1. There ought to be a service available to come by and potty train your kid (as suggested by a kind person on instagram, though really I don’t think anyone other than myself or Willy could actually do the deed — so I guess this is kinda a joke, but not really, because really, it sucks and there’s lots of services for lots of things that people have deemed as shitty-to-have-to-do-
themselves… like Molly Maids).
2. Because there is no number one (no pun intended), there ought to be an alcohol and massage distributor that comes and makes deliveries for those suffering through the stab-myself-in-the-eye-out-of-
boredom and rub-my-back-and-neck-because- I’ve-been-wiping-a-lot-o’- butt-and-floor-and-toilet-and- hands days of potty training. I guess I should be careful what I ask for, because I think there are a lot of people that are actually in the business of dispensing alcohol and massages, if you know what I mean ::nudge nudge::
I don’t really remember potty training Hooper, to be honest. I know I did it because, again, no number one existed. I also know that I followed some sort of methodology because I recall writing posts on it — posts I would probably benefit from going back and reading.
The actual peeing-in-the-potty part has been going well. The accidents all occurred on the first day and have been seldom since. Well they were seldom and then we had a few days where we were lazy, or went to Disneyland, or just said “screw it” for the sake of our sanity. Since then, there have been more accidents. We’ve ventured out without a diaper on, which feels risky in the same way as leaving the house without a tampon when you know your period is coming feels. And, no accidents in the first week or so. Then we went out to eat and left the restaurant with wet pants after Willy and I both ignored his request to go potty because he had just. went. potty. It’s draining, people, let me tell you.
The hard part, this go-around, has been dealing with a fiercely independent and downright stubborn two year old. Things like insisting that he get on and off the potty by himself, flushing the toilet for even the littlest trickle, flushing the toilet multiple times before the water has even refilled, insisting on playing with the gross plunger or the toilet bowl cleaner, sticking his hand in his urine stream, flexing his “weapon” while his peeing so the urine goes up and out of the toilet, asking why he can’t pee when it’s “big”, pulling all the toilet paper off the toilet paper roll, going potty – getting his reward – then immediately going potty again and asking for another reward (manipulative bastard, I tell ya), and throwing a tantrum because farting on the toilet is not the same as pooping on the toilet and he cannot pick a “special prize” until there is an actual log. Oh ya, and we’ve said goodbye to at least 4 toys that he has dropped in — some intentional, some accidents.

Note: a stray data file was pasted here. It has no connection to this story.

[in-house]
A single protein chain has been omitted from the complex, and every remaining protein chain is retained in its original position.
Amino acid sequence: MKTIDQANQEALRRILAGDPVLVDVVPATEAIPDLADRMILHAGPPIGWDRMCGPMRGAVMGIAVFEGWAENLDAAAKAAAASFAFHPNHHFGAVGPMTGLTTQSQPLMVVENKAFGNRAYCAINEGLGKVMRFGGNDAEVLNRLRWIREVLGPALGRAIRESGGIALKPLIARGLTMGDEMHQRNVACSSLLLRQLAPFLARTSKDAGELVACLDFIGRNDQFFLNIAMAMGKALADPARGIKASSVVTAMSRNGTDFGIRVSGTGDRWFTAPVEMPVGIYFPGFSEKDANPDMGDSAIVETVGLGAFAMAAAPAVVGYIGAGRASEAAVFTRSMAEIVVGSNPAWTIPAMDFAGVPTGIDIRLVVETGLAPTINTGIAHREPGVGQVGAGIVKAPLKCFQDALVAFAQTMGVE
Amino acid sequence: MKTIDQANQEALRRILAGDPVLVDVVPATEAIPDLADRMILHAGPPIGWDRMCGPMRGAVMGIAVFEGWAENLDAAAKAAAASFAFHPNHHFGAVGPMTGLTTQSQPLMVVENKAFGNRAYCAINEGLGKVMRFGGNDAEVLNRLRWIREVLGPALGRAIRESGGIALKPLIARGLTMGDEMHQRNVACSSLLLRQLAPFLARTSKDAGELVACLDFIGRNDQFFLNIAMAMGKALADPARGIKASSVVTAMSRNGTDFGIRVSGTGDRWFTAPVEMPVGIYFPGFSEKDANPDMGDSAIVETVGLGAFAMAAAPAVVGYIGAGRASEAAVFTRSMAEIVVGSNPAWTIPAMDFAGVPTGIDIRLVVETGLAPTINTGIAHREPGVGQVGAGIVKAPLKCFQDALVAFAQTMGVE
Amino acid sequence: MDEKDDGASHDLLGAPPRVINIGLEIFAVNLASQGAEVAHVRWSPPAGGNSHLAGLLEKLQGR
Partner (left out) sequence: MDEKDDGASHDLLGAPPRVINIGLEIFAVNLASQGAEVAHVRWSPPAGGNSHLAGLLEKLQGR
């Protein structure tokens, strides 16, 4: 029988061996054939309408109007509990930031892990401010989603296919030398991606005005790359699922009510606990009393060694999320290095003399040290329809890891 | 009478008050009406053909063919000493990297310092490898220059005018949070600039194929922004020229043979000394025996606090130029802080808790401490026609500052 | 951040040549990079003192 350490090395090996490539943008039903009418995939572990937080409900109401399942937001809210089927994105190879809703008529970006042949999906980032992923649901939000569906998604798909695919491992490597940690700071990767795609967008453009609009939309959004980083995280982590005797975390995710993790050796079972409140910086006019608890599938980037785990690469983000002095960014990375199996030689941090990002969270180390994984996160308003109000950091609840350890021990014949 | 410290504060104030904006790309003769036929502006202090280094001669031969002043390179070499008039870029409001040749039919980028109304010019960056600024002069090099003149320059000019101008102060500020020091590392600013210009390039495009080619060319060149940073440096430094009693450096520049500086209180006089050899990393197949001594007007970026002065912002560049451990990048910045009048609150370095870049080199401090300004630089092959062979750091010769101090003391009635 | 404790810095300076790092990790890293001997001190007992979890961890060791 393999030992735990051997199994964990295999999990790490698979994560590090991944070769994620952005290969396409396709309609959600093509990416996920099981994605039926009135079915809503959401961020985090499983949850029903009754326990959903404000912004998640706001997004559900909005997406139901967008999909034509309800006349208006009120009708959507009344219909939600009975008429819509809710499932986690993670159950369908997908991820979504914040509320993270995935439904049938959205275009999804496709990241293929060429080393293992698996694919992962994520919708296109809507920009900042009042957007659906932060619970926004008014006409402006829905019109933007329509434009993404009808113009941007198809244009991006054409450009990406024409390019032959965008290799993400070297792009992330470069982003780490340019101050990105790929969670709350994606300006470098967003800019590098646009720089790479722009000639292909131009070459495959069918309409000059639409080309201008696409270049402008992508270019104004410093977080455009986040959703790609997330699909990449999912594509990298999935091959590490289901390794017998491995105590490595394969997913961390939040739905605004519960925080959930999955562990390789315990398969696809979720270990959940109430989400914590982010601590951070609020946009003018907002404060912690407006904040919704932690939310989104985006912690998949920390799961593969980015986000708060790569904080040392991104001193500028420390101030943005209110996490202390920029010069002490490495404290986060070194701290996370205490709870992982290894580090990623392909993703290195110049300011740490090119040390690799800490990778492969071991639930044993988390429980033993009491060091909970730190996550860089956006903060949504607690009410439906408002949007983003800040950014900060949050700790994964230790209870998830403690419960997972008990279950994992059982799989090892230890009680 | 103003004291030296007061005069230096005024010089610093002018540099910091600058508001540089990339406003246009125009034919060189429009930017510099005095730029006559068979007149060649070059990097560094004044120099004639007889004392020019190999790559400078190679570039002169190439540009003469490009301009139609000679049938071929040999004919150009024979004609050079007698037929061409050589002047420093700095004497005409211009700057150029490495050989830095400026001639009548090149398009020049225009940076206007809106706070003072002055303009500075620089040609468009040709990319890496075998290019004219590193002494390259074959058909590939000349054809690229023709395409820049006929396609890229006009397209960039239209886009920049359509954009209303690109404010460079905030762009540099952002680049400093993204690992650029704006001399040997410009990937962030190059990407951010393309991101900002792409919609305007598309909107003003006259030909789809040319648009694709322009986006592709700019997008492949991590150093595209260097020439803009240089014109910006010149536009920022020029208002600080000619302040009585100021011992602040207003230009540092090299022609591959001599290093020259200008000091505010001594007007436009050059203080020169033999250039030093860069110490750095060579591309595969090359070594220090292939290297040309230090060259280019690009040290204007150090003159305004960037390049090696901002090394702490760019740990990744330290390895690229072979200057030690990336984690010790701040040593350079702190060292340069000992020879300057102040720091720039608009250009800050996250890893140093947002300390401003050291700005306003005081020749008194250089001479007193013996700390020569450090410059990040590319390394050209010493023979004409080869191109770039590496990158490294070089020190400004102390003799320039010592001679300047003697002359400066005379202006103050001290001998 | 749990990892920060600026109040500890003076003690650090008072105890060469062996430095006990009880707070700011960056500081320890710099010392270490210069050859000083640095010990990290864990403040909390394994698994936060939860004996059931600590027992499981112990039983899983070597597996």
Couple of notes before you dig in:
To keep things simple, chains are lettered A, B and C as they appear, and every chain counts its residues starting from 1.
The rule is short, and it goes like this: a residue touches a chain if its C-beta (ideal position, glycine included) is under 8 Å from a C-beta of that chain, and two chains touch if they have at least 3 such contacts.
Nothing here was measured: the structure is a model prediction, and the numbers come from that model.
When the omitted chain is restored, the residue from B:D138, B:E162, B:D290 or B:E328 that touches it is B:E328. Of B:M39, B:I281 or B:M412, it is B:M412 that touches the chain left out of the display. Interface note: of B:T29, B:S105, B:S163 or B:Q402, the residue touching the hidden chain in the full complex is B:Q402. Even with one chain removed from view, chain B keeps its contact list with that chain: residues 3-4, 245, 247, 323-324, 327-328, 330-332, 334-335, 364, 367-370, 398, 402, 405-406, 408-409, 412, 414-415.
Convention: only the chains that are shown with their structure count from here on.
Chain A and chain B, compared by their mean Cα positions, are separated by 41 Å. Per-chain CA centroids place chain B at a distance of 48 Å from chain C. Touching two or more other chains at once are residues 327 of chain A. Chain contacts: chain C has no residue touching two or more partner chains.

I was prepared for the patience it would take to clean up after a butt-booty-naked toddler running around and was pleasantly surprised when he caught on to where to make the mess relatively fast. But my patience has wavered considerably in dealing with everything else. Like the dump he took on the floor the other morning. Though, arguably, he did make up for it when he requested to hug and kiss the “baby” piece of poop and went on to call it “cuuuuuute”. The video of that has gotten me through some of the more challenging spots during the last few weeks.
Deep breaths and a cold one (or two) for the next few days, weeks, and months. Wish me luck.
A portrait of my boys, once a week, every week in 2014
Van: Loved handing out Christmas presents.
Hooper: Stoked on his new “race car”.
And just like that, another portrait series is in the book. I have an idea for the coming year, but we’ll see how it goes — I never want this space to be stress-creating, so it’s to be determined. Are you doing any sort of portrait series for 2015?
One was star struck and the other could have been sitting on anyone’s lap, even Edward Scissors hand’s, and I’ll bet would have remained just as apathetic.
Wishing everyone a smooth night of last minute wrapping and a very happy holiday. xo
Erin, James, Hannah, & Henry
Laguna Niguel, California
Interested in booking a session? Email me: ashley @ thestorkandthebeanstalk.com
It’s never exactly how I envision it to be. I have delusions of grandeur; of us trekking out into the woods and actually finding and cutting down a tree — much like the Griswold’s. Then I’m reminded, immediately, upon entering the lot that we live in California; where we wear t-shirts in December and deck our trees out in some fake white shit we desperately try to pass off as snow.